Musical werewolves — a game for one or more players

Recently I was driving while feeling disappointed in a werewolf movie, and tried to distract myself by imagining every song on the radio was over the end credits of a better werewolf movie, and attempting to reconstruct it from there.

This works with almost any song. I’ve played it with friends in cafes with a Korean jazz playlist, and again alone today, reading Terri WIndling’s Tunes for a Monday Morning over on Myth & Moor, and later listening to Triple-J in the car.

So, for example, Martha Tilston’s “The Sadness of the Sea“.

This would be an elegaic story, in which the werewolf families sadly assume wolf forms permanently and retreat into the receding wilderness.

Declan McKenna’s “Beautiful Faces“, however, would clearly suit a story in which a group of youngish monster hunters, after some high-key-colour adventures, patch themselves up and head out for a dangerous/glamorous night on the town.

I find the game works best if you only listen to (and don’t watch) the videos, and is the most fun if you choose the songs at random.

Observation Journal: Drawing from other images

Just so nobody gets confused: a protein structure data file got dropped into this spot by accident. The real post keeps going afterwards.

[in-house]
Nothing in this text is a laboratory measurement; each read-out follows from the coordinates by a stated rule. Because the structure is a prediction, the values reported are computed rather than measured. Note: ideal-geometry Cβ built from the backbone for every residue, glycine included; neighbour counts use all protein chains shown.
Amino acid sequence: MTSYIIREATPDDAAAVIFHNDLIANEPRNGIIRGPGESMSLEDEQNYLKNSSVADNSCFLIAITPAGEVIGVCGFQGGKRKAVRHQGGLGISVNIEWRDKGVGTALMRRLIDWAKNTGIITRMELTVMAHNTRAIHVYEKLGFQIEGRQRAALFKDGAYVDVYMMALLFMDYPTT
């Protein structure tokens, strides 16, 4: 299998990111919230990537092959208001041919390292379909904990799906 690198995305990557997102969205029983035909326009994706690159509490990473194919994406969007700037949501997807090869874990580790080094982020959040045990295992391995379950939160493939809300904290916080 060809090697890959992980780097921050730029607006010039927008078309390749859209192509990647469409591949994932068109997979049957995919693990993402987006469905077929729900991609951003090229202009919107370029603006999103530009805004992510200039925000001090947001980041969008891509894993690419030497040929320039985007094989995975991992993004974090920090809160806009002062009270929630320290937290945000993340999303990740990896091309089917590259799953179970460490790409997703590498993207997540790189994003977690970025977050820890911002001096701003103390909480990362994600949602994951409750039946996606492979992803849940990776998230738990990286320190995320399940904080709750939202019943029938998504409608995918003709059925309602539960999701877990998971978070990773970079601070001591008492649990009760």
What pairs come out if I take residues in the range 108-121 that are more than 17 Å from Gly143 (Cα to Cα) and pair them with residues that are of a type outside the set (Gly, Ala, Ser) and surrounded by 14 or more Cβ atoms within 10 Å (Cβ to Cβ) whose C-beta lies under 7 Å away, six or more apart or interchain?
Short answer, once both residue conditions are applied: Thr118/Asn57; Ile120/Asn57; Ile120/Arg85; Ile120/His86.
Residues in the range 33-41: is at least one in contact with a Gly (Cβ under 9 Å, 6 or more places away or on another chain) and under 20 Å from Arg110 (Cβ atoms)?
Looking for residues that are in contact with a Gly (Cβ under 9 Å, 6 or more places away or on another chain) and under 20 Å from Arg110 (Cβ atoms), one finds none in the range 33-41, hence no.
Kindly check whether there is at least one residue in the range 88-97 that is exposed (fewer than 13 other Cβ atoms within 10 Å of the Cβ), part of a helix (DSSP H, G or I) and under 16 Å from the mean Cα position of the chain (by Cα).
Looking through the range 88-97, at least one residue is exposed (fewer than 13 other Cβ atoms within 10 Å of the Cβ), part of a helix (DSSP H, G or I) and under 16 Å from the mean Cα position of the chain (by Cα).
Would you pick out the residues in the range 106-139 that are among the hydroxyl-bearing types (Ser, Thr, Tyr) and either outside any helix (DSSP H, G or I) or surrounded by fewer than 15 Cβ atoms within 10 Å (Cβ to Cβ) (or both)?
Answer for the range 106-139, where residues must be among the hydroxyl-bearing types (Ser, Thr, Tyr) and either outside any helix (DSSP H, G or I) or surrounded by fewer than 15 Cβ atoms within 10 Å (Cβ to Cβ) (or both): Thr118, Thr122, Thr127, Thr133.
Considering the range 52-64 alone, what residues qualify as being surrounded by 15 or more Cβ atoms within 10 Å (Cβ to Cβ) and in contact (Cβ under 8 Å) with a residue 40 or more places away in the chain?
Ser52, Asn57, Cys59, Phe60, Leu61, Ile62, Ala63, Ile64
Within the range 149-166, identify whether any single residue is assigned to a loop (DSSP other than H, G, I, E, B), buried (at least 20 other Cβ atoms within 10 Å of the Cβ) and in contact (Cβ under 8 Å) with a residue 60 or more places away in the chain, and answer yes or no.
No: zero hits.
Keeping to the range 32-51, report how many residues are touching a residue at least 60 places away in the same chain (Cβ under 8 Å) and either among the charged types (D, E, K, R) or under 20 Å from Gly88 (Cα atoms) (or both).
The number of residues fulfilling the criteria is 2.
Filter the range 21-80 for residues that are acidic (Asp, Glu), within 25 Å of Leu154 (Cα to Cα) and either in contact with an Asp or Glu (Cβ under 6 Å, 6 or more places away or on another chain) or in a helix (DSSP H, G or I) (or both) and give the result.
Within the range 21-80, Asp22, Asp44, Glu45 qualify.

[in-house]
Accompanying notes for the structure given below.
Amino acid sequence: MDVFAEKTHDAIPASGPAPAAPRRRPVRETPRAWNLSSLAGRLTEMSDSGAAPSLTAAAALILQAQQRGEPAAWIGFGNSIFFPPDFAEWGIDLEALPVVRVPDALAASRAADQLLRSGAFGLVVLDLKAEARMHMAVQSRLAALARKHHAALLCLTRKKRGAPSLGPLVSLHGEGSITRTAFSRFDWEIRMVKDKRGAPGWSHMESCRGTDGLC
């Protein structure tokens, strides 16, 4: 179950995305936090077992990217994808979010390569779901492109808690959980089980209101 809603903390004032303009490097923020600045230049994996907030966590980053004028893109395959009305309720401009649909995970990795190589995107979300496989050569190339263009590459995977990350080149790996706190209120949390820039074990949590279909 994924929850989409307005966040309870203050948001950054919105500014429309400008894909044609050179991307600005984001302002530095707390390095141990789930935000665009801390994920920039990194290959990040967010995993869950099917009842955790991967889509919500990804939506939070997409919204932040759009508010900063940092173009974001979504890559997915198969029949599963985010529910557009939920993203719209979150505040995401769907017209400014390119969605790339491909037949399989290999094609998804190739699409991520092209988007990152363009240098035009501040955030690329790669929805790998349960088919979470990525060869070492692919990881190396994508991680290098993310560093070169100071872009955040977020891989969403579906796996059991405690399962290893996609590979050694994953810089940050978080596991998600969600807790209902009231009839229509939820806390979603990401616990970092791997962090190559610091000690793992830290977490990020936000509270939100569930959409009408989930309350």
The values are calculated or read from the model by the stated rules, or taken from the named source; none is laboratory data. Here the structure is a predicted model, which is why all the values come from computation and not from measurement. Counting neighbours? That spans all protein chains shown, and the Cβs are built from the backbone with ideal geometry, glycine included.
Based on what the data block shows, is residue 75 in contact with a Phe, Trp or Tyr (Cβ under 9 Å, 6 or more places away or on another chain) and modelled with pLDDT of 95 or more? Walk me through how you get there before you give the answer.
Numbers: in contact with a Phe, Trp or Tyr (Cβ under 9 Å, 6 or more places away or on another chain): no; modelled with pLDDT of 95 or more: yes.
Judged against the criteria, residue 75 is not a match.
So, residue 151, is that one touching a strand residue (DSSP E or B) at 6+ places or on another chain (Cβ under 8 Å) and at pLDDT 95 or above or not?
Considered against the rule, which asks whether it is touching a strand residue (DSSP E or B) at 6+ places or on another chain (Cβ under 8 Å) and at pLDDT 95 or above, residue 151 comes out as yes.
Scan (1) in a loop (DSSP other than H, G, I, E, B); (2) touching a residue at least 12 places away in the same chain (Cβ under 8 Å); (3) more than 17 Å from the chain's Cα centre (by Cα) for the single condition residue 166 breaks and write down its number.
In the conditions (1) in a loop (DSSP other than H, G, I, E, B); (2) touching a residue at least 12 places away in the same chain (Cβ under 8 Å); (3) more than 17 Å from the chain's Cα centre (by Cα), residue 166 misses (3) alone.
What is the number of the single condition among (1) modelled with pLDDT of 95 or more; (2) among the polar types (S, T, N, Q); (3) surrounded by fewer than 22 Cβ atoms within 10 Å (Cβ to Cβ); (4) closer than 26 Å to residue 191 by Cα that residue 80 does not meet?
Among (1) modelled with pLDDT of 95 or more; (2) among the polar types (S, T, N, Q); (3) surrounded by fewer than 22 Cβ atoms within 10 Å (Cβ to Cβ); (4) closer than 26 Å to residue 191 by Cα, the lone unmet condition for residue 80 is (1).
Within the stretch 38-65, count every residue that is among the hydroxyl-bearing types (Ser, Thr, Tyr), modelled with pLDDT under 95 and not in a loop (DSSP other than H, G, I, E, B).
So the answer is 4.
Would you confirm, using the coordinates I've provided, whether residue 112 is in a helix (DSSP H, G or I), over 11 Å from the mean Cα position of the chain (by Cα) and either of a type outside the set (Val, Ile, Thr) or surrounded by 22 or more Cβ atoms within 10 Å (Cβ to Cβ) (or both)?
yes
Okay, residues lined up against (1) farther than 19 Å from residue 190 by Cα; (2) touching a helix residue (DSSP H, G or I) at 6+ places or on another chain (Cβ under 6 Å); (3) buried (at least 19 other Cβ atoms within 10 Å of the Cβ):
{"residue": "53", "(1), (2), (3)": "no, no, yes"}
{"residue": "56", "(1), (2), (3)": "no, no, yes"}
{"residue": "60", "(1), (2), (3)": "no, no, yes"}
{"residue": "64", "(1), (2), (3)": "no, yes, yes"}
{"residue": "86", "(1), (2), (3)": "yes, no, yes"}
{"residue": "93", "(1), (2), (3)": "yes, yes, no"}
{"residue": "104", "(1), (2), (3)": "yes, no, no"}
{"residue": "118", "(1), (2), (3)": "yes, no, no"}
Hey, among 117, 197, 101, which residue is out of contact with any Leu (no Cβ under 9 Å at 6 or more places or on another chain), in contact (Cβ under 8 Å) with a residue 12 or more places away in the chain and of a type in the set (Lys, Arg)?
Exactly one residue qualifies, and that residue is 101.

I often use the observation journal to work out ways to vary activities, and swap them between media. (I recommend that as a general creative exercise in itself — picking a task from some other field of creativity and trying to swap it into your own.)

This page was a continuation of the mixed metaphor activities, playing with visual recombinations (see: Variations on descriptions, more swapped descriptions, and similes and genre flips). However, because I didn’t really choose a target object, but just explored combinations of two concepts, it does skew close to simply mixing and matching for new ideas — see: Improbable inventions.) But that’s okay — I was feeling out the edges of the activity.

Basically, I took two items at random from the last few observation (left-side) pages, and considered how they might influence each other in an illustration.

So for example:

  • “ferns + pressure hose” suggested the vigour and angles to use in a drawing of ferns, affecting the composition, and leading to a little bird being driven forward in the general momentum.
  • “startled” and “dog with ball” suggested the use of more exaggerated body language and facial expressions when drawing someone who is startled (or joyfully chasing a ball).
  • “Beads” and a person who “always takes off their jacket in the shade” suggested using shade more deliberately (obscuring details), adding details of beading and missing/fallen beads on a dress, and generally adding extra movement to someone dropping beads.